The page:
Considering Hybrid and Electrical Mechanic Training? 3 Common Energy Storage Systems
Today, almost everything we do requires the use of energy. This is especially true when we consider the way we get around. In fact, electrification has quickly become a priority in the automotive and transportation industries, and electric vehicles are growing in popularity as accessibility gradually improves. Suppose you see yourself pursuing a hybrid and electrical mechanic career and being a part of this interesting shift in the industry. In that case, you’ll want to learn more about the energy storage systems that are being used to power modern hybrids and EVs. Read on for a brief overview of the most common energy storage systems.
1. Most Common Energy Storage System for EVs: Lithium Ion Batteries
Most hybrids and electric vehicles utilize electrochemical energy through lithium-ion batteries. Chemical reactions produce electricity which passes through a circuit to create a current. Presently, lithium-ion batteries are the dominant energy storage system for EVs. They have a high energy density, excellent high-temperature performance, and a long life cycle, making them an efficient and cost-effective solution. Several variations fall under the lithium-ion battery umbrella as different materials are used to form the cathode or the positive electrode of the battery. Nickel, manganese, aluminum, iron, and phosphate are some common examples. After hybrid and electrical mechanic training, where you’ll learn about energy storage systems in detail, you’ll find that nickel is the highest performer and is thus used by well-known automakers like Tesla, Volkswagen, BMW, Audi, and GM.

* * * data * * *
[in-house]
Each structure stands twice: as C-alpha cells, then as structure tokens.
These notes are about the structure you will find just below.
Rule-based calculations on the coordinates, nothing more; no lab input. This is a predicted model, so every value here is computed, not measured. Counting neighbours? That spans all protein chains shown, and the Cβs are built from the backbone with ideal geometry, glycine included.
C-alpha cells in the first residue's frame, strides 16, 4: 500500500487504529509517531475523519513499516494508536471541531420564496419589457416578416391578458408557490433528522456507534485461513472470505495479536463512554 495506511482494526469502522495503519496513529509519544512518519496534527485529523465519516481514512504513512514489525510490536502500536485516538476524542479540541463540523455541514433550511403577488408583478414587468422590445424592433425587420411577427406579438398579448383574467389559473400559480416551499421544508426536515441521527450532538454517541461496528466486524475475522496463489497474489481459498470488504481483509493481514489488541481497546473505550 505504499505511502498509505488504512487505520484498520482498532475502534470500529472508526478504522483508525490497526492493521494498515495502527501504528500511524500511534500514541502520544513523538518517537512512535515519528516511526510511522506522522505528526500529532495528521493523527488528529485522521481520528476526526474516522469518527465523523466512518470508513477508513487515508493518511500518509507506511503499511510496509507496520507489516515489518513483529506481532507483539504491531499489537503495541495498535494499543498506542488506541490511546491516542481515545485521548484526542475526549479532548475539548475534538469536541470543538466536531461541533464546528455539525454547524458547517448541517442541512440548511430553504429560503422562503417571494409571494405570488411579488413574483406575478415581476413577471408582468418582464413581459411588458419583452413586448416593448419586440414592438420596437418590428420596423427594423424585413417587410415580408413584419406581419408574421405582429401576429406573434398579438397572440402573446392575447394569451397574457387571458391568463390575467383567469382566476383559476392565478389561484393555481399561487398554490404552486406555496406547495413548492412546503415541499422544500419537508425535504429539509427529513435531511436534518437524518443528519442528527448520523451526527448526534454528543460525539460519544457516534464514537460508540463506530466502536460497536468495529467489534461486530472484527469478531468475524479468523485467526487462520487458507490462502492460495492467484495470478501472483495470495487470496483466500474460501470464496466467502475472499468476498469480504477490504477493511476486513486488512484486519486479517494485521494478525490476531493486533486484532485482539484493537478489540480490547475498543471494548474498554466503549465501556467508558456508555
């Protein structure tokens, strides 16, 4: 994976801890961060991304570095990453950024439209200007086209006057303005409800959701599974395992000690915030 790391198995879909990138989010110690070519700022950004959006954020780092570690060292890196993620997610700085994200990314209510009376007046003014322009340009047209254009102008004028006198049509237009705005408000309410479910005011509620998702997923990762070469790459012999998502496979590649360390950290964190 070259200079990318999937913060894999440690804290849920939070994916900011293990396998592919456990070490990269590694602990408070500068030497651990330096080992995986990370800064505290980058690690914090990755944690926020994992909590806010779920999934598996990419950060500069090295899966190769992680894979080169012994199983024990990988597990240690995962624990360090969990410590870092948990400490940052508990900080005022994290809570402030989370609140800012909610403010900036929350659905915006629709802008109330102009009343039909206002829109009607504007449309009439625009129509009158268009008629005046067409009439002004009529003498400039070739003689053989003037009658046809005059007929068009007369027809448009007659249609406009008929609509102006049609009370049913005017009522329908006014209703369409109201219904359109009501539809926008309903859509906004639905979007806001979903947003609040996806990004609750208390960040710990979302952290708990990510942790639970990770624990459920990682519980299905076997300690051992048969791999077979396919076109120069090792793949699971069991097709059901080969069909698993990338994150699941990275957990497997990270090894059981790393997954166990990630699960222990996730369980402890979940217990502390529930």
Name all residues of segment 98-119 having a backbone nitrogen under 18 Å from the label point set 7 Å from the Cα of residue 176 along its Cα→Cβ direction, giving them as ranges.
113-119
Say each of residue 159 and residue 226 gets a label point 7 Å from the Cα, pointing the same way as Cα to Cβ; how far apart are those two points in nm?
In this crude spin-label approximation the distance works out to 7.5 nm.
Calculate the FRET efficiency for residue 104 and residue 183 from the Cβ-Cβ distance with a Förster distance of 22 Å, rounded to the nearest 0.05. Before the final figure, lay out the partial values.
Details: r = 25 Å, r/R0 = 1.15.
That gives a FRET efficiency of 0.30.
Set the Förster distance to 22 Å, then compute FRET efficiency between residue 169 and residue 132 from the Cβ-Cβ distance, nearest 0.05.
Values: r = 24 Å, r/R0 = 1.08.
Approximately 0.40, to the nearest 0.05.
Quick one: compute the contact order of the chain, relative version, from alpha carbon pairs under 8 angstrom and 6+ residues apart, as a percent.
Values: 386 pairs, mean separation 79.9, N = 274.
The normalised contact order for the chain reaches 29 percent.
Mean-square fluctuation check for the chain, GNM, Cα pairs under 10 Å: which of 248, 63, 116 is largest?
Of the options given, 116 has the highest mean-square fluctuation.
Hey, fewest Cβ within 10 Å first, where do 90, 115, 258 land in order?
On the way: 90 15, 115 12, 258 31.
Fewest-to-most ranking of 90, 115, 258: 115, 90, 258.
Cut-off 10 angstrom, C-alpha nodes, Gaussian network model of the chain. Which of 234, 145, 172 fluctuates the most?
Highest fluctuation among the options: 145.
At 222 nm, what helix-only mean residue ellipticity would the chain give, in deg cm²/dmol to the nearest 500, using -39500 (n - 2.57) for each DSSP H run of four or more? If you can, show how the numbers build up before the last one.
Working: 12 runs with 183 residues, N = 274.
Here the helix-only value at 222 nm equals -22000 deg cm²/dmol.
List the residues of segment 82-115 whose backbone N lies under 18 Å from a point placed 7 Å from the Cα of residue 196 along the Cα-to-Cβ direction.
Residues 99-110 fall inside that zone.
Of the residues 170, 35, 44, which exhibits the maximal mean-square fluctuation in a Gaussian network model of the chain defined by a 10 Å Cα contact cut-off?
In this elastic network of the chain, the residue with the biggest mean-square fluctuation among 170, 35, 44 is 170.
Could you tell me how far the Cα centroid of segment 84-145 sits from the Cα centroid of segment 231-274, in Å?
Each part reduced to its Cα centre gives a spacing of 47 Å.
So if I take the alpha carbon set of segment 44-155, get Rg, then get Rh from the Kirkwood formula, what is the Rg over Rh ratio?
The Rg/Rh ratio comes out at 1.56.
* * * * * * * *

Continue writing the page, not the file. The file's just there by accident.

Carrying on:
2. Static Energy is Harnessed Through Electrolytic Capacitors
Using the triboelectric effect, which occurs when two different materials are rubbed against one another and exchange charges, innovators have learned that we can use the electricity generated by static energy to offer faster charging times and a longer driving range. How? Electrolytic capacitors. They come in various materials, including aluminum, tantalum, and niobium. Static energy is stored to enhance electrochemical energy and provide extra assurance to hybrid and EV drivers.
3. You May See Flywheels After Hybrid and Electrical Mechanic Training
Kinetic energy refers to any energy that’s been stored due to momentum. Flywheels are interesting mechanisms that store large amounts of kinetic energy, acting as a sort of mechanical battery. Traditionally, they are essentially large, very heavy wheels that require a lot of force to spin around. Still, modern flywheels have become far more compact and are typically made from composite materials instead of being entirely made of steel. Using kinetic energy harnessed by flywheels offers extra power and further boosts EV driving ranges.
If you’re interested in energy storage systems, you’ll be glad to know that there are plenty of career opportunities available in this area. When you complete hybrid and electric vehicle mechanic training, you’ll be fully prepared to explore a wide range of career options in the industry.
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